Olivia Huffstetler poured herself a cup of coffee at 6:30 a.m. on Saturday, August 13, then glanced at the backyard. She saw water creeping up to the edge of her Denham Springs house. She became scared. Her three boys—ages 5, 3 and 1—slept soundly in their rooms, but her husband Scott had left home at 4:30 a.m. to go to his downtown Baton Rouge office at Kean Miller law firm to work on a brief. It would take him hours to get back to his family.
“He abandoned his Tahoe on Range Road when the waters started coming in the doors,” says Olivia about Scott’s trek back to their neighborhood, Chateau Jon. “He got in a guy’s truck that was higher off the ground, then eventually hitched a ride in a boat.”
By the time Scott returned, neighbors were all over the Huffstetler household lifting furniture, and Olivia was packing plastic bags and feeding their sons. They waded out in waist-deep water before noon. The family boarded a boat at the front of their neighborhood with no clear direction where to go. The boatman, in rushing water, ran over the top of the submerged 6-foot concrete pillars that define their street on the way out.
“The current was unreal,” says Olivia. “Even getting in a fishing boat with my three babies and not enough life jackets was terrifying.”
When the family finally got to a dry road, every vehicle that passed seemed to be packed with people trying to evacuate. A woman in an empty SUV stopped and took the whole, wet Huffstetler troop in and drove them—after many detours due to road closures—to Wax Road, where friends who lived in nearby Greystone Country Club picked them up in a Polaris ATV. Water rushed up to their knees as they navigated to the neighborhood on higher ground.
“We were only at our friends’ home about an hour before we started seeing water rising around us,” says Olivia, who was still reeling from her first evacuation. “We packed up as much as we could downstairs, then camped out on their second floor. We were all in shock.”
The rain kept coming down.
In addition to the five Huffstetlers, the upstairs two bedrooms of this newly built house also housed their married friends and their two children—ages 3 and 1—plus an elderly grandmother. Quarters were tight, supplies were limited and the future was unknown.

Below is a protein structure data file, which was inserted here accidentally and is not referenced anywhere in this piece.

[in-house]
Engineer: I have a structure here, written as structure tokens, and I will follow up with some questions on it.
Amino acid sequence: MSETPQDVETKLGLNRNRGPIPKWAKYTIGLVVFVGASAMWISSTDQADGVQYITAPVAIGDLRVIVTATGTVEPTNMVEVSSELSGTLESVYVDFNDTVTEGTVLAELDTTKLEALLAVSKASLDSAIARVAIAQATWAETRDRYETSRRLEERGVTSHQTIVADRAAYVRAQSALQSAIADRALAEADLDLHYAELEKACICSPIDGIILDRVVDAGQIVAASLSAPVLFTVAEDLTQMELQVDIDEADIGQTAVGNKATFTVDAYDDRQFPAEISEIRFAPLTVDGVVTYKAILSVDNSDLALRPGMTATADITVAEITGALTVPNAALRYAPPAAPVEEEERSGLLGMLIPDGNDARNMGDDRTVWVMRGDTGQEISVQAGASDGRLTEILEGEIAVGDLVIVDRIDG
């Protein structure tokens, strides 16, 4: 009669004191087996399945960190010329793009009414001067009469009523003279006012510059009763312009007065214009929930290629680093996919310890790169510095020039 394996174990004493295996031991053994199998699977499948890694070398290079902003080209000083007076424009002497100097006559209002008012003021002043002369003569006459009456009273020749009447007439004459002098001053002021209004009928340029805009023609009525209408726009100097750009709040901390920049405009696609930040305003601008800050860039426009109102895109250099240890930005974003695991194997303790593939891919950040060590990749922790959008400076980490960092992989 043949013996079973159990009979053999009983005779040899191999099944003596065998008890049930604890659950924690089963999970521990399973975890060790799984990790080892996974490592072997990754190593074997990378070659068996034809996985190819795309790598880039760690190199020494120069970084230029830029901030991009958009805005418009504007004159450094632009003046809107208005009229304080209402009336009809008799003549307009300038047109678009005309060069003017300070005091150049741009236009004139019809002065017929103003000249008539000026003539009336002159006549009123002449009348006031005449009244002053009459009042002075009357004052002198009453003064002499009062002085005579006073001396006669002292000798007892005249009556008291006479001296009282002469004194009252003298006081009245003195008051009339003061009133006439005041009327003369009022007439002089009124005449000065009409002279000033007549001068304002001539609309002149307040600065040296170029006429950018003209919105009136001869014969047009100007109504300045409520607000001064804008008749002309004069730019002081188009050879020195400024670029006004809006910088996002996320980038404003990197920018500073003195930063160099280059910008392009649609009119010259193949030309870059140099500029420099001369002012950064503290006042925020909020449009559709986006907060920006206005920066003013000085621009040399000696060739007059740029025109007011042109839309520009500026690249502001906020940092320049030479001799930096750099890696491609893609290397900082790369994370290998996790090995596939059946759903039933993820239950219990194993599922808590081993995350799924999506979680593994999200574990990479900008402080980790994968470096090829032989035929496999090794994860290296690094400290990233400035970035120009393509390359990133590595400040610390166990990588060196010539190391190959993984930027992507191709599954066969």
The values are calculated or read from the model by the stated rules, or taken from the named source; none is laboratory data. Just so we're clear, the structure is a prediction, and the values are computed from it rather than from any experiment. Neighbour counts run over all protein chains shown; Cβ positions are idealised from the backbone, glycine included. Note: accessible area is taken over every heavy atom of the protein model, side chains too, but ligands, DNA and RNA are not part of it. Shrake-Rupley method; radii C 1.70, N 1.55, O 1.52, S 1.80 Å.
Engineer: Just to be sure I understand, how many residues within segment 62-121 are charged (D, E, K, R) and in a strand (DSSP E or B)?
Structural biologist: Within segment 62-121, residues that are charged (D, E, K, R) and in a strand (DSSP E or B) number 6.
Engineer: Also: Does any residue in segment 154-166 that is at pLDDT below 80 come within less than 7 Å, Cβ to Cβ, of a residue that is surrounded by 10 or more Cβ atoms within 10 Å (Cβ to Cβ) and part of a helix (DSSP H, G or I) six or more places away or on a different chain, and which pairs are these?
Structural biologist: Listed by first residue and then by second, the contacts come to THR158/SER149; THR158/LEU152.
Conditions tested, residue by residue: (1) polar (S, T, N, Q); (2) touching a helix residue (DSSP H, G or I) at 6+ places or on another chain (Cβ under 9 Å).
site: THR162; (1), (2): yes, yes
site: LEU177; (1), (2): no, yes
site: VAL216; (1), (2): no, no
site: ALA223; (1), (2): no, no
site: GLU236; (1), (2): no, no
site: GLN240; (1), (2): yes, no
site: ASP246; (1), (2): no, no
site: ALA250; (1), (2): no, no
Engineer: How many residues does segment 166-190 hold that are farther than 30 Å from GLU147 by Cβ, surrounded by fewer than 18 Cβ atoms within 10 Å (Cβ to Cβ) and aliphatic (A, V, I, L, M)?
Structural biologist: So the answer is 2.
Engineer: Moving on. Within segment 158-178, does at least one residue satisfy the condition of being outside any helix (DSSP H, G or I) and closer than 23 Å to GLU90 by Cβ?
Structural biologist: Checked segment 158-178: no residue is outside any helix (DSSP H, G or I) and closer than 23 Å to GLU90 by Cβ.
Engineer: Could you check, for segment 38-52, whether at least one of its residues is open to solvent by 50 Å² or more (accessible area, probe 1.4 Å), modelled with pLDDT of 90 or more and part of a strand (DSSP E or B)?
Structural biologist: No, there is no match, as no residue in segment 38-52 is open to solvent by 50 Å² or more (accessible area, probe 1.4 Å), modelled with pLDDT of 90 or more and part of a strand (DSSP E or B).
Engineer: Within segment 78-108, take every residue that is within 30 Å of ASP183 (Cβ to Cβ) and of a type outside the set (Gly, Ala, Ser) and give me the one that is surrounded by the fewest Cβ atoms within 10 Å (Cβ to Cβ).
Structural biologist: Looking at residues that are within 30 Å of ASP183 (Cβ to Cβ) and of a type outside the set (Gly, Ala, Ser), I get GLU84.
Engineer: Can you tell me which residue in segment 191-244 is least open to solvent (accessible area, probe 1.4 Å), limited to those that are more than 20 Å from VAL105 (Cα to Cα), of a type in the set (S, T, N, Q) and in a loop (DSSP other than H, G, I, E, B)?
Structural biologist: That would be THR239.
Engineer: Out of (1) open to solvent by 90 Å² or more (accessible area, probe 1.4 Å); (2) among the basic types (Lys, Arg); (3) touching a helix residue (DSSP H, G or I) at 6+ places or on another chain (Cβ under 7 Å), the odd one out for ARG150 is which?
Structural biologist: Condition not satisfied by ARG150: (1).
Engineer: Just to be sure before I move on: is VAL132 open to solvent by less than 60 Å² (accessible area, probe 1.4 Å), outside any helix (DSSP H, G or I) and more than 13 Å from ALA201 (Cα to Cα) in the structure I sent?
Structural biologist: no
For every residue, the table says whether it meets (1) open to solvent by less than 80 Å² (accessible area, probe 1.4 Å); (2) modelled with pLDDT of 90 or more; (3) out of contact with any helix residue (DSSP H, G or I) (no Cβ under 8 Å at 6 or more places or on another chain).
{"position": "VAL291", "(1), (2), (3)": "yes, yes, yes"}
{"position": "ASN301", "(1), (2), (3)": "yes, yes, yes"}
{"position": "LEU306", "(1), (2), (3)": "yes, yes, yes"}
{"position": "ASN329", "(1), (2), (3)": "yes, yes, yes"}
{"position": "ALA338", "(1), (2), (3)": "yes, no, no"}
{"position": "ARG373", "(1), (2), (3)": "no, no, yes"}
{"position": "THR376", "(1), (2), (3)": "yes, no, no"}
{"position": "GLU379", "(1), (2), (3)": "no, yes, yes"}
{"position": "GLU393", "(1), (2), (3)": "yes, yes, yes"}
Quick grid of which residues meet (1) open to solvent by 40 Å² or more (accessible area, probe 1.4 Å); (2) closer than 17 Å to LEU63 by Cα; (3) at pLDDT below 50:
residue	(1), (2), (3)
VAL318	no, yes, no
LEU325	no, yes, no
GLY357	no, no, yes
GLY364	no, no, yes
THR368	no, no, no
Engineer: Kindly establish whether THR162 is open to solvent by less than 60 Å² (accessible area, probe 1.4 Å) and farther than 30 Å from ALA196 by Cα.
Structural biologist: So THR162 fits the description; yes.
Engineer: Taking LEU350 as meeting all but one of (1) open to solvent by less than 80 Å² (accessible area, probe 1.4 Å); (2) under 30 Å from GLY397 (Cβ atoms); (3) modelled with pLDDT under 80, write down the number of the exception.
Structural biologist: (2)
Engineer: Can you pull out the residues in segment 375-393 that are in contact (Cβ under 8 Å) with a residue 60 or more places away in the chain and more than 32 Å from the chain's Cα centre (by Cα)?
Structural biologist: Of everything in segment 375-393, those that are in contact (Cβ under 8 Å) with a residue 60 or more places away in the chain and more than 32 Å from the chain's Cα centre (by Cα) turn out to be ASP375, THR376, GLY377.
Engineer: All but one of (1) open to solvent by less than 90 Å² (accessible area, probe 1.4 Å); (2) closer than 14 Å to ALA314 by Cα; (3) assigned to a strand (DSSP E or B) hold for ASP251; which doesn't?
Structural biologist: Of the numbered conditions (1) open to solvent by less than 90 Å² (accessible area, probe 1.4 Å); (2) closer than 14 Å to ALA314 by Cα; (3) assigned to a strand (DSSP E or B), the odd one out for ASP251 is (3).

“All Saturday night, after we put the kids to sleep, we sat upstairs listening to water pouring into the house,” says Olivia. “We could hear my friends’ furniture slam up against the sides of the walls. We texted family and friends to let them know where we were so someone could come get us.”
They had high hopes the next morning that a boat would be by soon, but they no longer had cellular phone service so they didn’t know who was coming or when. By noon, with no sign of help, the group started rationing the few water bottles they had left. At 3 p.m., they heard a boat motor coming up from behind the house. It was the father of Olivia’s friend.
“He pulled that boat into the foyer, and we loaded in,” says Olivia. “He had two men with him, and we put another 10 people in it. The skies turned black as we rode down Gray’s Creek, and we started to get pelted by rain. We saw deer swimming by and plenty of snakes.”
But even after this harrowing ordeal with three young sons in tow, the Huffstetlers count themselves fortunate. They ended up in a warm home with food on the stove Sunday night. On Monday, after depositing their children at a family member’s house in St. Francisville, Olivia and Scott returned to their house in Denham Springs to survey the damage. Three feet of water buckled the wood floors, soaked every bed and mattress and ruined four sofas. Along with much help, the couple spent a week ripping out Sheetrock and sanitizing. They know it’s going to be a long road ahead.
“We are now redoing it like we are going to live there forever,” says Olivia, an interior designer. “We are knocking out walls and putting in more beams and brick.”
Olivia is offering her decorating expertise to help friends quickly choose wall colors and flooring, because most of the people she knows in the area have flooded. And many of them have to make quick design decisions as the houses are being refurbished. Although the devastation to Denham Springs was significant and will take years to truly be overcome, Olivia says that she has no intention of living anywhere else.
“This was a 500-year flood. Our town will be OK again,” says Olivia. “It is such a sweet community with some of the kindest people you have ever met. And this community really came together during this flood.”